LGBTQ Agenda: New ways needed to fight STIs during COVID emergency, health expert says
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Exhortations to practice sexual abstinence as the COVID-19 epidemic rages on should be replaced with a harm reduction approach, according to Keosha Bond, a New York-based public health educator.
Bond, who has a doctorate in education, stated that unfortunately, a side effect of the reallocation of public health resources to COVID-19 could lead to a spike in sexually transmitted infections.
As the Bay Area Reporter reported April 1, the beginning of the outbreak was coupled by public health departments, such as in New York City and San Francisco, stating that individuals should "avoid close contact — including sex — with anyone outside your household" and several LGBT community leaders urged no hookups.
But as the pandemic continues and the timetable for a vaccine is measured in months or years, public health officials are seeing the need for individuals to be given more guidance to make their own decisions.
"The reason why the health departments had to come out with risk reduction is because they had to be realistic with regard to sex," Bond, an assistant professor of behavioral science and health promotion in the Department of Public Health New York Medical College, said in a June 10 phone interview with the B.A.R. "Abstinence-only sex education has been taught in schools but it really is not useful. You are telling people not to do something but you are not giving them the resources to protect themselves."
Bond, an ally, said people should be given information about COVID-19 and how it is spread.
"If you're used to casual sex — hookups — try to minimize that activity," Bond said. "If you have someone you have sex with, make sure you have the same practices — washing hands, proper hygiene, and open communications."
There has been a lot of research about whether the novel coronavirus can be found in semen and vaginal fluids (The B.A.R. recently reported that researchers do not believe the virus can be transmitted via semen.) Bond said that while this may not necessarily be as useful from the perspective of public health as knowing it is spread through saliva, scientists are racing to figure out all they can about the virus.
"There's a lot about COVID we still don't know," Bond said. "The virus itself is spread through air droplets, coughing and sneezing, touching surfaces and then your eyes. Now, you're touching when you have sex, but we don't know the extent of COVID and so we can't tell people if it's a sexually transmitted disease, though we do know what you do while having sex can transmit it."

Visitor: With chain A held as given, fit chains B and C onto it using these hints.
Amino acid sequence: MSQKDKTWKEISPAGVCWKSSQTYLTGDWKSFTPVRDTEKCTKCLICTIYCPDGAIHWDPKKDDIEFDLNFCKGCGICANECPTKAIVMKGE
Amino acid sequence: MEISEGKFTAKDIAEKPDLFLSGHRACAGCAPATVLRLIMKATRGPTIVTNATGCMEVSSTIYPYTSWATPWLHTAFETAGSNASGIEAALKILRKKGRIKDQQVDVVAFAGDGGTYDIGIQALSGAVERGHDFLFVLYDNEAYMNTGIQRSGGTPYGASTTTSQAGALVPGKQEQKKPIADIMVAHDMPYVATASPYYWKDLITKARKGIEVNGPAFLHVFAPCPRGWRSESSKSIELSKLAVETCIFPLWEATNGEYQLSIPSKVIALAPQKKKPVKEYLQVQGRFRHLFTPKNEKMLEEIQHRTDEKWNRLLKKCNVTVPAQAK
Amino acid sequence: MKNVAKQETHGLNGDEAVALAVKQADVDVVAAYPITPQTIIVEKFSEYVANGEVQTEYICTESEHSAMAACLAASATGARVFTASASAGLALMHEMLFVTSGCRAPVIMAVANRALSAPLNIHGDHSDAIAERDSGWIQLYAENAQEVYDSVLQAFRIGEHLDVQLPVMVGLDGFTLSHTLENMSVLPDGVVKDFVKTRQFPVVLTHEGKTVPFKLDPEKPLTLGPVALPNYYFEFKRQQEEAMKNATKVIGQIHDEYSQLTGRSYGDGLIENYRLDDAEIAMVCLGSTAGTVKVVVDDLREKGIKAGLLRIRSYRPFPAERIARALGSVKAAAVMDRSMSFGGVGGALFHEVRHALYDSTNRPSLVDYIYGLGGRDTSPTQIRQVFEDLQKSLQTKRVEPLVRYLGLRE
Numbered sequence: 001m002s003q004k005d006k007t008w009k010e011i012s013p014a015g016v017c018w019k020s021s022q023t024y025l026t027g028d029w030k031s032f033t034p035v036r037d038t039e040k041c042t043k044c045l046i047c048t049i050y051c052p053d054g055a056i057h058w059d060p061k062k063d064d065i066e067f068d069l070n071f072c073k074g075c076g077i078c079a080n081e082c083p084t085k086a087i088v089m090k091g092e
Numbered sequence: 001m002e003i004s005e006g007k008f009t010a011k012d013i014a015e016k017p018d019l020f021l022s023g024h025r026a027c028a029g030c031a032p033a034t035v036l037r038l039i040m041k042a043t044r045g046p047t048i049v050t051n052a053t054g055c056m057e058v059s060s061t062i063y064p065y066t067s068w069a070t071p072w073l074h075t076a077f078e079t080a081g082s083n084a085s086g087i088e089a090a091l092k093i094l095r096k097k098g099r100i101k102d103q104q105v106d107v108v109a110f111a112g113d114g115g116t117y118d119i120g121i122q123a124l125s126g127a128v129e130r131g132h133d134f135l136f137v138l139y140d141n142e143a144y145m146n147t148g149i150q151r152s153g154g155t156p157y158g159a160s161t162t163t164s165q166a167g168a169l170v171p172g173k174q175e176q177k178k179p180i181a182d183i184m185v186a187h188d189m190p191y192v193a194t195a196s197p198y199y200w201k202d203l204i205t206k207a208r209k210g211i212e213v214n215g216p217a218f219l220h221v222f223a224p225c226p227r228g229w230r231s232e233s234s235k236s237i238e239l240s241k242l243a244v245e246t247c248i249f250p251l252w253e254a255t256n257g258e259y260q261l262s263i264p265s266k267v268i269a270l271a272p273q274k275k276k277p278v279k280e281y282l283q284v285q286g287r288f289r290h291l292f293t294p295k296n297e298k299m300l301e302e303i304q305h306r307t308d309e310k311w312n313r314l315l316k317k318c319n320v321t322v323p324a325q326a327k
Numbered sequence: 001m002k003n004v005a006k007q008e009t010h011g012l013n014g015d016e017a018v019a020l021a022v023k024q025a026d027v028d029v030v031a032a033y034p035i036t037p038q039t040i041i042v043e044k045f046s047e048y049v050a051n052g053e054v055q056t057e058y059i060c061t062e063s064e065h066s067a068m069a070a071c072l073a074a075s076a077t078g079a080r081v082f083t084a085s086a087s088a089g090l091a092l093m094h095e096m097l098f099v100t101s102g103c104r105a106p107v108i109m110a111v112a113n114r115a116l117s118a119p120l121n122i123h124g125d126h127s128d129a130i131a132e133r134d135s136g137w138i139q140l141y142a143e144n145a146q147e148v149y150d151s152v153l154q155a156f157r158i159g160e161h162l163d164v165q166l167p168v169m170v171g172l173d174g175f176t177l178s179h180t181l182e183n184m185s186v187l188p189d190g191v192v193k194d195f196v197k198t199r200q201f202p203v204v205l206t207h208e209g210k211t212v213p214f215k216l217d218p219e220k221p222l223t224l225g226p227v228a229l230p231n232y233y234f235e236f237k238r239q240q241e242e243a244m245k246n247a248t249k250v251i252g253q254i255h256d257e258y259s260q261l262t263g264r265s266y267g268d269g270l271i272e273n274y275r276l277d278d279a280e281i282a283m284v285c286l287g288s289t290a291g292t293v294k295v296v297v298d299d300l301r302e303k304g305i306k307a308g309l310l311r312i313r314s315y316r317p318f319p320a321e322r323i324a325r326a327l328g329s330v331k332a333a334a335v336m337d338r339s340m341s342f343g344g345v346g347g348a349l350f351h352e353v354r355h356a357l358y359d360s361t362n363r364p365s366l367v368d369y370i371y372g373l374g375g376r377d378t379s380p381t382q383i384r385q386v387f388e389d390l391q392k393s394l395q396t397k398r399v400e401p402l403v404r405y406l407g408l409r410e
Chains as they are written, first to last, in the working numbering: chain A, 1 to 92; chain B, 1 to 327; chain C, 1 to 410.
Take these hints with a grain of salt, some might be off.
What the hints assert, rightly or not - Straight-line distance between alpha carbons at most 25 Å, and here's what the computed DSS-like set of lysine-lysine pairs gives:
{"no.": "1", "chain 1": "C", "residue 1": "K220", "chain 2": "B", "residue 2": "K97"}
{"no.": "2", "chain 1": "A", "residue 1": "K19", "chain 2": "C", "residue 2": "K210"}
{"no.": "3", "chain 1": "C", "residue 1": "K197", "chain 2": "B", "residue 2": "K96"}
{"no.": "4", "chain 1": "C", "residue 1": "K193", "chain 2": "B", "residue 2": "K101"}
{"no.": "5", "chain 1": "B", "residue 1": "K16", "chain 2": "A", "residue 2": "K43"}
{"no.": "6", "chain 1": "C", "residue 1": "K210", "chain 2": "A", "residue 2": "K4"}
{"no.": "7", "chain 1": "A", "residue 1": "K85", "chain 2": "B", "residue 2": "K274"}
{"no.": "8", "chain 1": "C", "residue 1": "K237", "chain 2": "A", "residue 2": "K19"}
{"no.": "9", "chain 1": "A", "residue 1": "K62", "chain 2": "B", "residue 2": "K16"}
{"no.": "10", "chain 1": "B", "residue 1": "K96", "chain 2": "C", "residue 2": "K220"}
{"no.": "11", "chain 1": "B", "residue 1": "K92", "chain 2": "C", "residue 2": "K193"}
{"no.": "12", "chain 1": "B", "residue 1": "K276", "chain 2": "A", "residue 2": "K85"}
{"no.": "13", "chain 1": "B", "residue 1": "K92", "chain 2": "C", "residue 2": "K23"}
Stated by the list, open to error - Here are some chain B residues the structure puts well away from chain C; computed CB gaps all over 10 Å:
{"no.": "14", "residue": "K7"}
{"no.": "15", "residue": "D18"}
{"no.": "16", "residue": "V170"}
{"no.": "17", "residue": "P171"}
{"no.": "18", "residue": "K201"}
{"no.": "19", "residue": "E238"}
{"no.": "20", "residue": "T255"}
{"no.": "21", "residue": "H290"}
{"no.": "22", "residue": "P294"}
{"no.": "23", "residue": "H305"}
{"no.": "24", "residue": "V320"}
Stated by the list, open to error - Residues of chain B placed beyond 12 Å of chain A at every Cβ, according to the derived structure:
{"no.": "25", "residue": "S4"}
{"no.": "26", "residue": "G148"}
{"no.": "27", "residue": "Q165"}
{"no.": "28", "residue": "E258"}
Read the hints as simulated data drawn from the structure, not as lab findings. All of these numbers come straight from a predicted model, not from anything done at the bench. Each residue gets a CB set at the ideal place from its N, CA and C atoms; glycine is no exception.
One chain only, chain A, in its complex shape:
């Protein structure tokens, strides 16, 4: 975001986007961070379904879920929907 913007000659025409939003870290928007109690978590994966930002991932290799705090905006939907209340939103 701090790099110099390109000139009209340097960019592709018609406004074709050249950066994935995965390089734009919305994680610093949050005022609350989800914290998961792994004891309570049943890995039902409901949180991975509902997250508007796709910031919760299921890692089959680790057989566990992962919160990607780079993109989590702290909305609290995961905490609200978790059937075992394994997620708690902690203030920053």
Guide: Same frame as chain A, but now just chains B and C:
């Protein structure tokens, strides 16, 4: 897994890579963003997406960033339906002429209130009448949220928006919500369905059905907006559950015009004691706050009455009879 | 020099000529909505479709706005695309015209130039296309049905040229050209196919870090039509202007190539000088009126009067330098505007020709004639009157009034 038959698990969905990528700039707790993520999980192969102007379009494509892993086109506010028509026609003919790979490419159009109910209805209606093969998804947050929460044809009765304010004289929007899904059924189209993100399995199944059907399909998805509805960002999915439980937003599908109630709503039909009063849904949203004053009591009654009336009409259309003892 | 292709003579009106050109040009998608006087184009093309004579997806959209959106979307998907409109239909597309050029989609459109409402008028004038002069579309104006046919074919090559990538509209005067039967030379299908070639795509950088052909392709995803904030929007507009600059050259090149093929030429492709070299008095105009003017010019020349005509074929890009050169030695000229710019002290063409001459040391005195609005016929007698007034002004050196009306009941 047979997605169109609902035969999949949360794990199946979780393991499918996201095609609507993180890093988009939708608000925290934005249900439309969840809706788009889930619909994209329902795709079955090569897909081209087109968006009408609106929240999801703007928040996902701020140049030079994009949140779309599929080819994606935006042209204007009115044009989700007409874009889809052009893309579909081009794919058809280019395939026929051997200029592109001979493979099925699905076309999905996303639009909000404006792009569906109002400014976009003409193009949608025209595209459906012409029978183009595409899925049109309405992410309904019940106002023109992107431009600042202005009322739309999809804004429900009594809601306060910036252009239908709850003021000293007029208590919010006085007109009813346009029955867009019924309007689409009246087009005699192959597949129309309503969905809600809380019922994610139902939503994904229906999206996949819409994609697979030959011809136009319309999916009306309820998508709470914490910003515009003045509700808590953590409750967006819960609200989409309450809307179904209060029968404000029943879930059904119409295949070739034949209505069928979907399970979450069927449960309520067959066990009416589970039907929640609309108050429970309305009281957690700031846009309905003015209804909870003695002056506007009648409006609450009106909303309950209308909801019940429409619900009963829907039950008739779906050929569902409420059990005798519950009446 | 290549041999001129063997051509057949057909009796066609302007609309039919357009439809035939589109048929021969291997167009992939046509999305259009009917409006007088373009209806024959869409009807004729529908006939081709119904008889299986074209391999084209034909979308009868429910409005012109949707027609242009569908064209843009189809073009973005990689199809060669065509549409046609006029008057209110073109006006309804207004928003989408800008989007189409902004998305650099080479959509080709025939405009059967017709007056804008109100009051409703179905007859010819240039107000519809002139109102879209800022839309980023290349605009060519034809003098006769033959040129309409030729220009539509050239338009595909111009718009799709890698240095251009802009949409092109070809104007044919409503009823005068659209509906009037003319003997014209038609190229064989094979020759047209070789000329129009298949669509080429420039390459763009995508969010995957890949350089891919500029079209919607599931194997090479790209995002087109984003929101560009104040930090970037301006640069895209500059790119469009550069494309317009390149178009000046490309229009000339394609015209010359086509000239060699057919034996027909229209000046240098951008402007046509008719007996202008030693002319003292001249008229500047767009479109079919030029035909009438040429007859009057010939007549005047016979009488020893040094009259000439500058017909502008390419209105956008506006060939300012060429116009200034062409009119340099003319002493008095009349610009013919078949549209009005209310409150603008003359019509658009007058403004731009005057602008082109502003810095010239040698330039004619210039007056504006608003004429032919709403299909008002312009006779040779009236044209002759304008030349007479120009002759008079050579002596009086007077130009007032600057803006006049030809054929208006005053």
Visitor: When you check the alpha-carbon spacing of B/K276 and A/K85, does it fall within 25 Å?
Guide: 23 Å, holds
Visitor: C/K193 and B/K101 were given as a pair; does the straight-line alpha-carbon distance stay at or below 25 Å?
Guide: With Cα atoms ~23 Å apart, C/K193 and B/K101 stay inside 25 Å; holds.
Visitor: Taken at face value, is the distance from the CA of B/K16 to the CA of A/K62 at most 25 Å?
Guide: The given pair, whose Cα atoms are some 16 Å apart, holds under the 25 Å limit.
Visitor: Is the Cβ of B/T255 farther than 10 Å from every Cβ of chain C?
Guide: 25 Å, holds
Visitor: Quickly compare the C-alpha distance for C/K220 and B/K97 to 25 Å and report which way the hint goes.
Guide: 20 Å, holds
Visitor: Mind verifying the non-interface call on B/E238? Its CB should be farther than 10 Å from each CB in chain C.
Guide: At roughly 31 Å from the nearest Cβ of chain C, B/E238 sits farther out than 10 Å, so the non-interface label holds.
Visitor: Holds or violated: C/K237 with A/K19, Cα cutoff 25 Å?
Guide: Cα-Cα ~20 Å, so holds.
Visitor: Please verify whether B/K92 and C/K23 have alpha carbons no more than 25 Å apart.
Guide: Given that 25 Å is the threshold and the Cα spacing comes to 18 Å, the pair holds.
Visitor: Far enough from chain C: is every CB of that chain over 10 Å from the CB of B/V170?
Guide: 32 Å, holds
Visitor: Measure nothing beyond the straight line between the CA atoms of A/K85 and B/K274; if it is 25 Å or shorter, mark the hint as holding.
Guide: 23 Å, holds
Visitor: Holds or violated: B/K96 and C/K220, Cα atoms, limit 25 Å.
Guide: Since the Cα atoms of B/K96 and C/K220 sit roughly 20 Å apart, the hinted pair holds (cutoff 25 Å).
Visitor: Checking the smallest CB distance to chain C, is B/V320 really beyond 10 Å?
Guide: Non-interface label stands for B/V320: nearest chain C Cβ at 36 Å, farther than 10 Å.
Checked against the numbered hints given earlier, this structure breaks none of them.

NYC Department of Public Health guidelines seem to acknowledge recent COVID research — advising people it is safer to wear a mask and avoid kissing if possible, especially when having sex with people in a different household.
Bond is worried that sexually transmitted infection rates may rise because many health care resources have been redeployed to fight the spread of COVID-19. It is harder to get a test to detect the presence of an STI (most can be asymptomatic but still transmissible) and contact tracers have been redeployed from HIV and syphilis work.
"It's a matter of people not being able to seek treatment for STIs," Bond said. "It is through safe sex — not just reducing partners and using condoms, but also frequent testing — that we stop their spread."
Bond suggests that at-home testing kits for bacterial STIs such as gonorrhea and chlamydia become more widely available.
"These are very private and very confidential and if something is questionable, they'll have you come in for a blood screening," Bond said. "It's not uncommon for people to contract an STI and there are ways to prevent it, and many STIs are treatable so people should get away from the stigma. It's more important to be healthy than pretend, and not get treated."
Ending the epidemics paused
Due to the need to shift the state's focus to COVID-19, efforts to integrate California Department of Public Health responses to the HIV, STI, and hepatitis C epidemics have been placed on pause.
According to a spokesperson last month, these efforts will resume "when a significant portion of the Center for Infectious Diseases staff have returned to regular duties."
"COVID-19 has required counties to divert staff to respond to the pandemic. This includes disruption of routine clinic services. Alteration in HIV services include increasing home HIV testing, and use of telemedicine to assess and prescribe Pre-Exposure Prophylaxis (PrEP) and Post-Exposure Prophylaxis (PEP), and increasing mail order dispensing of medications," the spokesperson stated. "Developing standing orders for those who need sexually transmitted disease screening allows for patients to efficiently provide the needed samples (most able to be collected by the individual themselves) with the least required person to person interaction."
Other than staff redirections, money earmarked for HIV prevention will not be used for COVID-19 efforts.
Catie Stewart, communications director for gay state Sen. Scott Wiener (D-San Francisco), who introduced legislation earlier this year to provide more funding for these joint efforts, told the B.A.R. on May 14 that that legislation has had to be put on hold "given COVID and the [state] budget" but added that "we will work on that for next year."
LGBTQ Agenda is an online column that appears weekly, usually on Tuesdays. Got a tip on queer news? Contact John Ferrannini at email@example.com
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